Art & Science: Q&A with Arthur I. Miller

By March 06, 2015
Author Arthur I. Miller.
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Arthur I. Miller is a professor emeritus of history and philosophy of science at University College London. Author of the fascinating books Einstein, Picasso and Colliding Worlds, he is an expert on the science of creativity and on the contemporary connections of art, science, and technology. I met Dr. Miller on a cold London day at the Wellcome Center’s café, where we discussed some of the ideas in his interdisciplinary writing.

BOJANA GINN: Your book Einstein, Picasso: Space, Time and Beauty that Causes Havoc was nominated for a Pulitzer Prize. In it you describe two important discoveries that happened simultaneously, one in in art, one in science. Can you tell us about them? 

ARTHUR MILLER: What always was of interest to me concerning Einstein and Picasso is that they were born within two years of each other—Einstein in 1879, Picasso 1881—and they both made their first great discoveries at about the same time: Einstein discovered the Theory of Relativity in 1905, and Picasso created Les Demoiselles d’Avignon in 1907, which contains the seeds of Cubism. Yet they did not know anything about each other, and actually they never met throughout their entire lives. What I found is that they were both swept up by the intellectual tidal wave that swept across Europe: the avant-garde, the principle problem of which was the nature of space and time. Einstein explored temporal simultaneity and Picasso spatial simultaneity, which is essentially Cubism. In the very first page of the relativity paper, Einstein makes it clear that he has no qualms with the equations of the physics of 1905 but with the way that scientists interpreted them, in ways that implied asymmetries that were not inherent in nature. He recalled that he found this situation unbearable. He found their sources were inessential concepts and redundant explanations and turned to a minimalist aesthetic to pare them away. The result was the 1905 Theory of Relativity—a response to his aesthetic discontents.

Picasso was inspired by the developments in science, technology and mathematics. This is evident everywhere in his 1907 painting Les Demoiselles d’Avignon. Concerning science, there were the X-rays, which he interpreted as what you see is not necessarily what you get. That is clear from the faces and forms of the five demoiselles. Concerning technology, it was cinematography and photography—you can see the setup of Les Demoiselles d’Avignon is essentially a motion picture in five frames with increasing geometrization as you move from left to right. And we see mathematics in forms that he reduced to geometry, which was his aesthetic choice. Note especially the face of the demoiselle on the far right, the most interesting face. It’s represented simultaneously in two perspectives: front view and side view. This is the spatial simultaneity—two perspectives at once. So at the beginning of the 20th century scientists were beginning to think like artists and artists like scientists. And that is what I wanted to bring out in Einstein, Picasso.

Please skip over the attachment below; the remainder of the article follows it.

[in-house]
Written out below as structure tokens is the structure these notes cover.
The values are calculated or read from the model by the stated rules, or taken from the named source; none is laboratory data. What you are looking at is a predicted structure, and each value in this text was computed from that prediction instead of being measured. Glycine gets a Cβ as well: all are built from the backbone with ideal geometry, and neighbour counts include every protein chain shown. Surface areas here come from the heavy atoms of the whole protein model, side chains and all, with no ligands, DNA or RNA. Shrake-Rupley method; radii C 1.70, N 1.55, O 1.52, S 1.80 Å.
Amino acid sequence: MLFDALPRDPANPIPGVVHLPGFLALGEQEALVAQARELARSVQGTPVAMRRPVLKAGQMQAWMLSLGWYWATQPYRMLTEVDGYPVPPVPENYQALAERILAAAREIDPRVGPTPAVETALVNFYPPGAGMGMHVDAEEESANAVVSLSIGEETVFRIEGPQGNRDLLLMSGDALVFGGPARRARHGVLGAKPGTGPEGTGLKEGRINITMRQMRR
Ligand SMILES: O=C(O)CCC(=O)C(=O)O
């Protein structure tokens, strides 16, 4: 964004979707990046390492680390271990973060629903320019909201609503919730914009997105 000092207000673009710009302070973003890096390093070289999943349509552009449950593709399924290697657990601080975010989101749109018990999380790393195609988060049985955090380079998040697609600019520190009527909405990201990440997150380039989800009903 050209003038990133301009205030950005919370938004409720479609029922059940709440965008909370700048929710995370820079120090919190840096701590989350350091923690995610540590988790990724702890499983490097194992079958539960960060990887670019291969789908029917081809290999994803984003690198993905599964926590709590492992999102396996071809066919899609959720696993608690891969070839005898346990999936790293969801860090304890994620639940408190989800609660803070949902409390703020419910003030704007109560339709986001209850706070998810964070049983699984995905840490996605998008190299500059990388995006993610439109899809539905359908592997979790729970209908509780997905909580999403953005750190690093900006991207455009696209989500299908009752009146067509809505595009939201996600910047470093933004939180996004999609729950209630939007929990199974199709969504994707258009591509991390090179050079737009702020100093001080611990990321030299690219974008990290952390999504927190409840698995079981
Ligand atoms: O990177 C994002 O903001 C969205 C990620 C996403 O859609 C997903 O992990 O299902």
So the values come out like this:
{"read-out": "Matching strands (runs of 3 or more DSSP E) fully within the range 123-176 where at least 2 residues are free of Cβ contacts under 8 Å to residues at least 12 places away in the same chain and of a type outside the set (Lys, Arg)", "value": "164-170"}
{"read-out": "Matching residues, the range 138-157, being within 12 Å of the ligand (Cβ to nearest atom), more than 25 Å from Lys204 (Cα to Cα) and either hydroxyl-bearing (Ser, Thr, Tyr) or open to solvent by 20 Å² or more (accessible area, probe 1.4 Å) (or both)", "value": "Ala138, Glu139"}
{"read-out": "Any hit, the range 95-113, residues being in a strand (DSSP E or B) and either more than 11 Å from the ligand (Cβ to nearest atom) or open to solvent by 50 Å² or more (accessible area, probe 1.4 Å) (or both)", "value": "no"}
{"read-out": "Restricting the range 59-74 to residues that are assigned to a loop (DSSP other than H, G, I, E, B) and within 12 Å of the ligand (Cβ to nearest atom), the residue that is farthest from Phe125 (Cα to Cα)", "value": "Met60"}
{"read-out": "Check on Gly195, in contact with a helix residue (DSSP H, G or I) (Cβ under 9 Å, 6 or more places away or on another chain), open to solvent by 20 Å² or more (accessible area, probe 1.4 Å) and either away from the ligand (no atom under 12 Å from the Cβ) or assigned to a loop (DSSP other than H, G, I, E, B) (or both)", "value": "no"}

BG: Your more recent book, Colliding Worlds: How Cutting-Edge Science is Redefining Contemporary Art, starts with a very interesting event that happened in the ’60s in New York called “9 Evenings: Theater and Engineering.” Who were the protagonists and what was this show about?

AM: Okay, just a little background. Previous to the early 1960s, artists were influenced by science, technology, and mathematics, as were Picasso, Duchamp, Kandinsky, Malevich, and Mondrian. They used the ideas of science and technology but not the mediums themselves. In the beginning of the 1960s, a lot of electronic equipment became available and artists wanted to use it. At that time in New York, Fourth Avenue and 10th Street was the haunt of Robert Rauschenberg, Robert Motherwell, Andy Warhol, John Cage, and Jean Tinguely, among others. The critical mass was formed with the appearance of Billy Klüver, whose day job was as a scientist at Bell Labs, the American Telegraph and Telephone’s highly innovative research laboratory in Murray Hill, New Jersey. He was no ordinary scientist, moving as he did between the worlds of science and art. He collaborated individually in the early 1960s with all of those artists. In 1966, he decided that it was a time for a large-scale collaboration, so he brought 30 scientists down from Bell Labs to the East Village where he teamed them up with 10 artists.

The culmination was the show “9 Evenings: Theater and Engineering.” As Klüver recalled, the inspiration was Rauschenberg, but the star was Cage. Rauschenberg’s performance was a tennis game in which each time the ball was hit, one light in the space went out. Cage’s was a sound show in which he piped in sounds actually occurring at that moment, from 10 telephone lines, from hotel kitchens, the ASPCA, police and marine radio bands. He also wanted sounds from outer space and he could have had them because two scientists from Bell Labs the year before had discovered the echo of the Big Bang, but they couldn’t hook up a phone line from their lab into the 69th Regiment Armory, where the show was held. And it was not totally by coincidence that the show was held there, because in 1913 there was a big exhibition where avant-garde art from France was introduced into the United States.

Richard Taylor’s study of non-chaotic (top) and chaotic (middle) drip trajectories generated by a pendulum, and a detail of Pollock’s

BG: So, like you said, in the ’60s and ’70s there were plenty of collaborations between artists, scientists, and engineers. But then something happened and the interest died out?